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Your credit score can predict your relationship’s success

Opposites may attract, but it’s harder for them to sustain a healthy relationship.  Quite surprisingly, it’s even true when it comes to credit scores. An extensive research project conducted in the fall by the Fed showed that the higher each partner’s credit score was, the better their chance of having a successful relationship.

Your credit score shows your history of paying off debts and is used to determine your ability to incur future debts, such as car loans and mortgages. So how does that translate into a predictor of long-lasting relationships?

It turns out it is a predictor in two ways. The first is that couples, both married and unmarried, with high credit scores are more likely to agree on how to handle their household finances and saving for the future. The second is trustworthiness. A commitment to paying off debt, being responsible with money, translates to trustworthiness within the relationship.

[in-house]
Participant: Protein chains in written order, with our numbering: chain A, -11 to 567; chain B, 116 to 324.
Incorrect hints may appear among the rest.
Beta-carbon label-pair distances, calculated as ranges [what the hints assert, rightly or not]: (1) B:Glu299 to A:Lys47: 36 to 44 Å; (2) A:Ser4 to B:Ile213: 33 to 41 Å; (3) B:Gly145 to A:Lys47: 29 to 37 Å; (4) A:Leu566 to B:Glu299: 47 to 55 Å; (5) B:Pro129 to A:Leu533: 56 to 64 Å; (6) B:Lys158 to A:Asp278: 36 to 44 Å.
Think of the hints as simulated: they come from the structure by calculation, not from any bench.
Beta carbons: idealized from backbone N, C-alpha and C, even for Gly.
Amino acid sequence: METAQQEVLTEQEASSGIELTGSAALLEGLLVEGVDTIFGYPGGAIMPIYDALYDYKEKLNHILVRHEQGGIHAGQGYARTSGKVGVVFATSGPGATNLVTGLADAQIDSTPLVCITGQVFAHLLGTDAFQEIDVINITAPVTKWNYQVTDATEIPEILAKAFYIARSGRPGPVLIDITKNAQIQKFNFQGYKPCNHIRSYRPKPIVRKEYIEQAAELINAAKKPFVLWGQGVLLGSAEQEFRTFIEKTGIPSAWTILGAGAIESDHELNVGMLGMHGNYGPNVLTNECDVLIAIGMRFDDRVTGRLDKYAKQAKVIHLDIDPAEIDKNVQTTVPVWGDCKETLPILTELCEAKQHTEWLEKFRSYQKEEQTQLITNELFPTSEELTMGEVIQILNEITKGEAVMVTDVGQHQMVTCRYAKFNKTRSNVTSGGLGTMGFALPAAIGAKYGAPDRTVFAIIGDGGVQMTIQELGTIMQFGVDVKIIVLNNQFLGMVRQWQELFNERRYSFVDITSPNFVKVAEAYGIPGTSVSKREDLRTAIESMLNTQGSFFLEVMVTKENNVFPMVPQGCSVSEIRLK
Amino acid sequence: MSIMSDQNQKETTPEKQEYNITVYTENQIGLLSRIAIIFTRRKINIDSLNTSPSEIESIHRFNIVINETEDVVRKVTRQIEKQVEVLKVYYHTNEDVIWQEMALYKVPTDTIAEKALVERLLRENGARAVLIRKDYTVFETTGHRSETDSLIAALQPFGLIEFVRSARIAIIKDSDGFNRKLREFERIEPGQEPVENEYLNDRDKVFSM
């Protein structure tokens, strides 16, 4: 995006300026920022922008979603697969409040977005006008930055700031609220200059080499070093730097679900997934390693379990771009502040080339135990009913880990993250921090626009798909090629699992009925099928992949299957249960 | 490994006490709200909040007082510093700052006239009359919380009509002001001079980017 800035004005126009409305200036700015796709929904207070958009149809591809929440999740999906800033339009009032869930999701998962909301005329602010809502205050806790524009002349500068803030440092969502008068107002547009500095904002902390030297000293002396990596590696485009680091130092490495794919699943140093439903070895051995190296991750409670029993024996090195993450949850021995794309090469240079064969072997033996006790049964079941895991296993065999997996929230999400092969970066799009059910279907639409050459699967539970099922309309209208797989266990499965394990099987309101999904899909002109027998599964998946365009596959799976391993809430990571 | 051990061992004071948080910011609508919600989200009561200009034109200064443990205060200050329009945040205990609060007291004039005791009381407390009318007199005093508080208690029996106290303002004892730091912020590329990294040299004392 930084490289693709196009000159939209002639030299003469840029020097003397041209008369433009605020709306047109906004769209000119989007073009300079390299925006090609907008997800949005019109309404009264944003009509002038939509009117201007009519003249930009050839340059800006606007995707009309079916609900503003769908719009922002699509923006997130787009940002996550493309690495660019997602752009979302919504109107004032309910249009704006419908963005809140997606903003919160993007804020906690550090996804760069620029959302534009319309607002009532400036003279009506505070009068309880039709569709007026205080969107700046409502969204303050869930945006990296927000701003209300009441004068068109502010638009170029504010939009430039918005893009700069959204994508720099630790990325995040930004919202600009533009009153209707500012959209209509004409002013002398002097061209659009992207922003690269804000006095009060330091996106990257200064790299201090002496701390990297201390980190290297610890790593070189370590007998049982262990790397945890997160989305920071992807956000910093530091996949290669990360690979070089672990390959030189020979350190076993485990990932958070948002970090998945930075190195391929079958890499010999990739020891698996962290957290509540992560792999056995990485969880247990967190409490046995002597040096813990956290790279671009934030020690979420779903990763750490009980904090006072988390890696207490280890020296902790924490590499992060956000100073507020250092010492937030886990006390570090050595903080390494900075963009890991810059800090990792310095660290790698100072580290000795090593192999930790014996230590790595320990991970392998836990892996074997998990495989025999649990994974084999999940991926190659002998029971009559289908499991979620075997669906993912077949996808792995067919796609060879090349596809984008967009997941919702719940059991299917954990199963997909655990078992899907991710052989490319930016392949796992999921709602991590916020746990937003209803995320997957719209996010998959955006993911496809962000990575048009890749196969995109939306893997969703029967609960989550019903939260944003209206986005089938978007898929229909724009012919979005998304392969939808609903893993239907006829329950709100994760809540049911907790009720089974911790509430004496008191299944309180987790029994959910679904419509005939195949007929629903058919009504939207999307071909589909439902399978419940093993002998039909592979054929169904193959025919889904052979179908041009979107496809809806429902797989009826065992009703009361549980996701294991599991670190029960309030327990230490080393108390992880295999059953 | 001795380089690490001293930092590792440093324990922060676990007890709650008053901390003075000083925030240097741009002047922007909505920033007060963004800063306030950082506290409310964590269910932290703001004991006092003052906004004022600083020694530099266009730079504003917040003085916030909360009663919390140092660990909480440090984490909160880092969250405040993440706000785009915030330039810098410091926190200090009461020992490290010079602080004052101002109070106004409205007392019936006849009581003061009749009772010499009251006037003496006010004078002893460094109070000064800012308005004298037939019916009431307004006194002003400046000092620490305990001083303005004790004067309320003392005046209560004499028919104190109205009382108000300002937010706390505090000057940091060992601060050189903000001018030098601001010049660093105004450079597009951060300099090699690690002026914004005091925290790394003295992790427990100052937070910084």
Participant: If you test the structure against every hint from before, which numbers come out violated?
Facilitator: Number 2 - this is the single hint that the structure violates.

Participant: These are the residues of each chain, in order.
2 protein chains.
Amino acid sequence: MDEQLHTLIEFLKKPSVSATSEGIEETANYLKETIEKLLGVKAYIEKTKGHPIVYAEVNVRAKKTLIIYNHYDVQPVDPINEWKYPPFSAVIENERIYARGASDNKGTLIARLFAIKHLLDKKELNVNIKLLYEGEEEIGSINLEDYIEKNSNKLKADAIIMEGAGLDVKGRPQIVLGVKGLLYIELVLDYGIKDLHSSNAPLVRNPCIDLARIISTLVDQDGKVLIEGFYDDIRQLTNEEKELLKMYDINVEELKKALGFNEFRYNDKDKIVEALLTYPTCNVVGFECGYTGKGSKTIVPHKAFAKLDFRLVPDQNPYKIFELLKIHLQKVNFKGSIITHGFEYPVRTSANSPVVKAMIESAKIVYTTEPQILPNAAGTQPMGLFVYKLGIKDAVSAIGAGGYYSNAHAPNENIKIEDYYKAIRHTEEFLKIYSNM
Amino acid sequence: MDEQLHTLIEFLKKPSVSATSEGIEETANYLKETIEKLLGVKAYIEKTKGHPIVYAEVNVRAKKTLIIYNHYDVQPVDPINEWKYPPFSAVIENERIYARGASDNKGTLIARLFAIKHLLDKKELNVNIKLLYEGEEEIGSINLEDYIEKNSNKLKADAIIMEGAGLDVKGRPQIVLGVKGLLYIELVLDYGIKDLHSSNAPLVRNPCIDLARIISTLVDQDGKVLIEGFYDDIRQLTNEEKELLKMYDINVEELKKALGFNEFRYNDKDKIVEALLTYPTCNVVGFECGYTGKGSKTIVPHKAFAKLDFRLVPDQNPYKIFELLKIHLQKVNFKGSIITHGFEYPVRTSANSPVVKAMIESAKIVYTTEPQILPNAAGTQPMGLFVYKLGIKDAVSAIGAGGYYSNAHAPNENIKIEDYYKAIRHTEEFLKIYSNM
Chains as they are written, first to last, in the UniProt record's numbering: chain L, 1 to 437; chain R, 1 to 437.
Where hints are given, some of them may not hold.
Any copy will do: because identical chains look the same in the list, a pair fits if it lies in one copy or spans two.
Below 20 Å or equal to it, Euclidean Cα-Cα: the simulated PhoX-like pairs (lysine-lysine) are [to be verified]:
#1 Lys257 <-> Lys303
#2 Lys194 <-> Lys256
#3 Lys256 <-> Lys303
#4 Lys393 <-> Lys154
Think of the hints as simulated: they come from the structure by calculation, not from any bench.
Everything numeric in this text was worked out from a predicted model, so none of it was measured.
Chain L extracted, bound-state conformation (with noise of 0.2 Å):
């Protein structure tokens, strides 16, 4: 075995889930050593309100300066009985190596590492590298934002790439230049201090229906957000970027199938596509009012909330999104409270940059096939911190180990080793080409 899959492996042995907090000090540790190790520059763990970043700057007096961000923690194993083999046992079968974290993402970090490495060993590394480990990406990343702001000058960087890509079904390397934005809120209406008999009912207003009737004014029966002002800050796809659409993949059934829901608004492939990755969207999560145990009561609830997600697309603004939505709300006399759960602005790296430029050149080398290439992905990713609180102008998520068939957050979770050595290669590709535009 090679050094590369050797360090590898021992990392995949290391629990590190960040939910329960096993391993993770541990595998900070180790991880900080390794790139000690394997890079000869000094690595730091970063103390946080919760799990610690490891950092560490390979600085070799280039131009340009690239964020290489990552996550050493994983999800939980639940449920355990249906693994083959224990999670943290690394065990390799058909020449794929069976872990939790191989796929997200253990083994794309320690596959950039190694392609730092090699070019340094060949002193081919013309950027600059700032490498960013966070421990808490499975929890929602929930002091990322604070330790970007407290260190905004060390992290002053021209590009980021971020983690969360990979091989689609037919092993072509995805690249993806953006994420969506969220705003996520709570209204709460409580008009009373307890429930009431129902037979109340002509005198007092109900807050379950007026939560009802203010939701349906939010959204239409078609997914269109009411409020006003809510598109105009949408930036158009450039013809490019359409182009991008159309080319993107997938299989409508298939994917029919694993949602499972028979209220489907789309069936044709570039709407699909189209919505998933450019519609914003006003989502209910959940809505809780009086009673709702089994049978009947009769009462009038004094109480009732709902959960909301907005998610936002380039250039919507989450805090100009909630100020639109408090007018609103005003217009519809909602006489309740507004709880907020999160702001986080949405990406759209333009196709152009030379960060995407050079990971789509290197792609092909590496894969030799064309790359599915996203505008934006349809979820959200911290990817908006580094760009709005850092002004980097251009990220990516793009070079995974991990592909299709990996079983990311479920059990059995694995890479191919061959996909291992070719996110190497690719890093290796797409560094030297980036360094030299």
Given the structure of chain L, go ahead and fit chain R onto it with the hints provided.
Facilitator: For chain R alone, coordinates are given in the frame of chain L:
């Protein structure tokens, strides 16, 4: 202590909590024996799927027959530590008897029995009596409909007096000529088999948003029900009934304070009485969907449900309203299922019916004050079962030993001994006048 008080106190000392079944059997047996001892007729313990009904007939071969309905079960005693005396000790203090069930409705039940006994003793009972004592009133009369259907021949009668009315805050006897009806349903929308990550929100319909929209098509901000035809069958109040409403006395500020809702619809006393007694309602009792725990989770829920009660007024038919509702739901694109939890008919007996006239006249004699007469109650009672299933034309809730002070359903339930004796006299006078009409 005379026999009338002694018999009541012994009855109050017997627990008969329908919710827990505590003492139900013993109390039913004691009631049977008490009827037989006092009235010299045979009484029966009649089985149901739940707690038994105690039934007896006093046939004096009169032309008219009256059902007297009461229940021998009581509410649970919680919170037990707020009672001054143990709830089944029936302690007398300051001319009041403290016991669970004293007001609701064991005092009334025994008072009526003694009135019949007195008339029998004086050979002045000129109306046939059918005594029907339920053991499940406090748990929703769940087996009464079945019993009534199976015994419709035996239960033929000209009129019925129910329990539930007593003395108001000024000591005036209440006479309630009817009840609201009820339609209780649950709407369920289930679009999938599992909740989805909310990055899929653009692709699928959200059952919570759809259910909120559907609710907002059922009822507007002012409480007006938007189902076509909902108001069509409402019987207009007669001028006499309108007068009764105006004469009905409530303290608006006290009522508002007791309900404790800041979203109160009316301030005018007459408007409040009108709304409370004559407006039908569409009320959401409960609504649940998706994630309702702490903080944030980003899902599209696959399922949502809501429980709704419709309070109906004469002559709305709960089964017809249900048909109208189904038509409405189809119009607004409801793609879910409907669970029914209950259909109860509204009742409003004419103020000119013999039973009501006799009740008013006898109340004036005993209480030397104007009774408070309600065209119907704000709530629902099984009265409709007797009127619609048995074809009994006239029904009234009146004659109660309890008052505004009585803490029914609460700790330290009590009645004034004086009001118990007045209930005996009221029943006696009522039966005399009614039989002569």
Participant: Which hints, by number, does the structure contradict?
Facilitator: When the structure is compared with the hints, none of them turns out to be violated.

Couples with low credit scores typically have trouble managing their money, which leads to anxiety which can spill into the relationship. Money is one of the things couples argue about most often (along with children, physical intimacy, household chores and extended family) and can lead to the relationship‘s demise. Money problems are one of the leading causes of divorce.

The Fed’s research found that people tend to forge relationships with others whose credit scores are in the same range. It also found that for every approximate 93 points in a couple’s average credit score, the chances of their separating in the second year of their courtship was reduced by thirty percent. Conversely, if a couple’s score differed by sixty-six points or more, they were twenty-four percent more likely to break up in their second, third or fourth year.

Talk to your partner early and often about money: your spending habits, debt, savings and your credit scores. A 2015 survey from TD Bank showed that couples who regularly talk about their finances and financial habits were more satisfied with their relationships.

 

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